As we look at all of the animals that we have rescued over the years, so many of them came to us in the last half of their lifespan.
We almost completely stopped taking new animals while we were planning for the move and will not resume until we have finished expanding the habitats at the new facility for the animals already in our care.
The math tells us that we are headed for an emotionally difficult time over the next few years. With so many geriatric animals, we are bound to lose a higher number than we have ever experienced in the past, simply because so many are growing old.
It is always hard for us to say goodbye; just as it is hard for anyone who has loved an animal in their lives – they are part of our ‘family’.
The needs of the ones we rescue may be different from your cat or dog, they may not want us to touch them, but we have rescued them from the most devastating situations and watched them recover from lives of neglect or abuse, grow healthy and thrive in our care. They show their appreciation in their own way.
I have been a bit slow to post this publicly with everything that has been going on, but I know that we have many followers who are attached to the animals and interested in their well being.
I wanted to let you know that we have lost two of our rescued animals recently….
On January 19th, we lost Elvira, a skunk that was only 5 1/2 years old but battled chronic liver issues the whole time we had her. She passed away from an aneurism caused by her liver disease. The other three skunks that she lived with are all still doing well.
Elvira was always our ‘size zero supermodel’ – she was forever on the thin side and was extremely high energy. She was the first one to be up and running around during daylight to get her treats (we were always trying to put weight on her) and was so adorable. She didn’t want to be handled and could inflict a nasty bite, but she was still one of everyone’s favorites due to her never-ending antics and curiosity.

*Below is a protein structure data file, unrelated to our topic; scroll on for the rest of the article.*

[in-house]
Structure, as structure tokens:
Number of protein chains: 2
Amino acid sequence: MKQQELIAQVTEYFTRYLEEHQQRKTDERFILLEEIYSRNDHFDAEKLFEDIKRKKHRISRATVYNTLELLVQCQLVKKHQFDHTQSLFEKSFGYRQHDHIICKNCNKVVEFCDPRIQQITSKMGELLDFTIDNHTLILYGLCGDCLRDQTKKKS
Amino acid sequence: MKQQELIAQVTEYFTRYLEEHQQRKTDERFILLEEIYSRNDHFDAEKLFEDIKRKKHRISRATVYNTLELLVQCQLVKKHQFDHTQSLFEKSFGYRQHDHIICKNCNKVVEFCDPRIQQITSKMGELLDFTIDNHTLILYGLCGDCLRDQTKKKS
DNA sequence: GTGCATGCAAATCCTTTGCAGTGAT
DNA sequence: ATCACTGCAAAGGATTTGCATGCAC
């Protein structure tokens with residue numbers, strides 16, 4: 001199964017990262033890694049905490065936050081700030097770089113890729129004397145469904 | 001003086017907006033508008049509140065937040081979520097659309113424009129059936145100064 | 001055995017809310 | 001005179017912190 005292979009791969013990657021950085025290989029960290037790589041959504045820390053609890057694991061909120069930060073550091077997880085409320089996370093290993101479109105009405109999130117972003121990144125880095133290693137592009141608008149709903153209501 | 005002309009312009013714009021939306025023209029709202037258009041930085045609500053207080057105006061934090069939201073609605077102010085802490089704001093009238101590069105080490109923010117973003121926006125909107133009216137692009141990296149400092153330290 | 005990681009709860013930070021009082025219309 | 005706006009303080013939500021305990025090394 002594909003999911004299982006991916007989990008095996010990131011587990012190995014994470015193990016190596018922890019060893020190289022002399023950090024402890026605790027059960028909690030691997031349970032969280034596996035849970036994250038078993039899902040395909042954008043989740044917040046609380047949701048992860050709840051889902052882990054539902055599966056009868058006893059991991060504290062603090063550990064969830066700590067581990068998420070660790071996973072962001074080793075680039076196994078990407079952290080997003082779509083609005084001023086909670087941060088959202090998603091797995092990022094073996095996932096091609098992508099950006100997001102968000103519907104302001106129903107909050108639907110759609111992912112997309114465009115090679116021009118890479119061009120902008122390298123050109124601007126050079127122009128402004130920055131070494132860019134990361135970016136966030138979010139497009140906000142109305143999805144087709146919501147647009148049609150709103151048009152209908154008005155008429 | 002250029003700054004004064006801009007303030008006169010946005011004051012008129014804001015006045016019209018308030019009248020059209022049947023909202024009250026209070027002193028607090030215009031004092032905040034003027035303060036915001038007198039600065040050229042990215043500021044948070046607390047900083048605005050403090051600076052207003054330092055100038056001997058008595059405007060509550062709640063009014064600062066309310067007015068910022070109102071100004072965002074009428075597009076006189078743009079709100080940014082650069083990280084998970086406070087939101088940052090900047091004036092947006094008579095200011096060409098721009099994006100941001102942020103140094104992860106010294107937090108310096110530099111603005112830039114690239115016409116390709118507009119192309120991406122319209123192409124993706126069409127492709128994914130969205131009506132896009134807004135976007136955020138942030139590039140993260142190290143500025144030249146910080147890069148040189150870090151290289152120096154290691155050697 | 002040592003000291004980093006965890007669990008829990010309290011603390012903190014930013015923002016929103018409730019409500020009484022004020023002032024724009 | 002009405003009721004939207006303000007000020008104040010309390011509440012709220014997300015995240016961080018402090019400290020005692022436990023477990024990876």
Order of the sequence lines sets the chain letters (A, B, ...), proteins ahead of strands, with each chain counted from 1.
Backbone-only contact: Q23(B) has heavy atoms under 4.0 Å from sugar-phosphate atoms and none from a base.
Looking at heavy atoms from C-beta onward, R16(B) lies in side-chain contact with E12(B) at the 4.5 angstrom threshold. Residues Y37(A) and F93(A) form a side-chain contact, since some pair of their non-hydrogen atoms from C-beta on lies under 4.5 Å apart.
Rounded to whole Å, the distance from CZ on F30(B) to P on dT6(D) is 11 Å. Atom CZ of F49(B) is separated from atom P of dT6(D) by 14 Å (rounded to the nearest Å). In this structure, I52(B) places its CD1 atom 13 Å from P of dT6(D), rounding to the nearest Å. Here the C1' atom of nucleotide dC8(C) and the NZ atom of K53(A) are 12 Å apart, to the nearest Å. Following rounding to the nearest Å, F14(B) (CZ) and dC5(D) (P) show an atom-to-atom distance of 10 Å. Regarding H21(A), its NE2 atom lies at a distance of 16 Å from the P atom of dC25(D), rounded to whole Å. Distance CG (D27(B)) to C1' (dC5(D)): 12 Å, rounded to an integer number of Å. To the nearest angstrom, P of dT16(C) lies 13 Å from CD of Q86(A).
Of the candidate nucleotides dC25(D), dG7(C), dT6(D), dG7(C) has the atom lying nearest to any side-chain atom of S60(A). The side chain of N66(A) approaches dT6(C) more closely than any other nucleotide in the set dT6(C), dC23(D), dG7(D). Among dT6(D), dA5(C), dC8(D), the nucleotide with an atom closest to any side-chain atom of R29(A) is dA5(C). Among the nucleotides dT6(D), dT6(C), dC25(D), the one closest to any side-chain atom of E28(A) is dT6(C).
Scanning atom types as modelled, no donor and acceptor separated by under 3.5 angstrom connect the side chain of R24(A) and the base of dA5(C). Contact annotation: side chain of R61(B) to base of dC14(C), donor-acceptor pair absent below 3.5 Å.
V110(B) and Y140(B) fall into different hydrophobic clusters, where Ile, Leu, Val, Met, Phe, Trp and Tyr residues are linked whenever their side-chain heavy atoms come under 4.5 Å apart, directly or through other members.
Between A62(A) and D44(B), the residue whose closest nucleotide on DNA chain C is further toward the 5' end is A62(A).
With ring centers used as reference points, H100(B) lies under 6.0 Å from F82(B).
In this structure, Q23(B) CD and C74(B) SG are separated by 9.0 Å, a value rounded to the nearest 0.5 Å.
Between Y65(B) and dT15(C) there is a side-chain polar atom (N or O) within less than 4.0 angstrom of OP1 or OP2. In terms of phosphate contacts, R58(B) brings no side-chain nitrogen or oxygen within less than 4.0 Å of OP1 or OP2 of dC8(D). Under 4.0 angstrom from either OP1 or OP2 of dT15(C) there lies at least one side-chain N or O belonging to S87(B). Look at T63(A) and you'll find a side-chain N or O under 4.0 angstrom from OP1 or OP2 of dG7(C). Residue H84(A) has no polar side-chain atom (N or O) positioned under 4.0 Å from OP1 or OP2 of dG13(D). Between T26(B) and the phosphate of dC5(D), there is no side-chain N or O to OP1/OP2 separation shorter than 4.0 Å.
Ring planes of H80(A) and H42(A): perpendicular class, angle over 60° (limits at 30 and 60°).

The second animal that we lost was on January 27th. Hopper, our last Patagonian Cavy (South American wild guinea pig), finally gave in to old age.
She came to us in 2000, along with several other cavies, from a closed Florida attraction called Cypress Gardens.
Once again, being touched was not on Hopper’s agenda, but she would make her little guinea pig noises and show her enthusiasm for her favorite treats, fresh beets and artichokes, along with all of the healthy vegetables she ate every day.
She was extremely long-lived for a cavy and was happy and content right up to the end. We will miss her but are glad that she was able to spend so many happy years at the sanctuary.
It never gets any easier to say goodbye, no matter how long we do this or how many we animals we rescue over the years. A piece of our heart goes with each animal we lose. Fortunately, seeing them thrive under our loving care and compassion while they were here and the happiness of the ones still with us make it all worth it.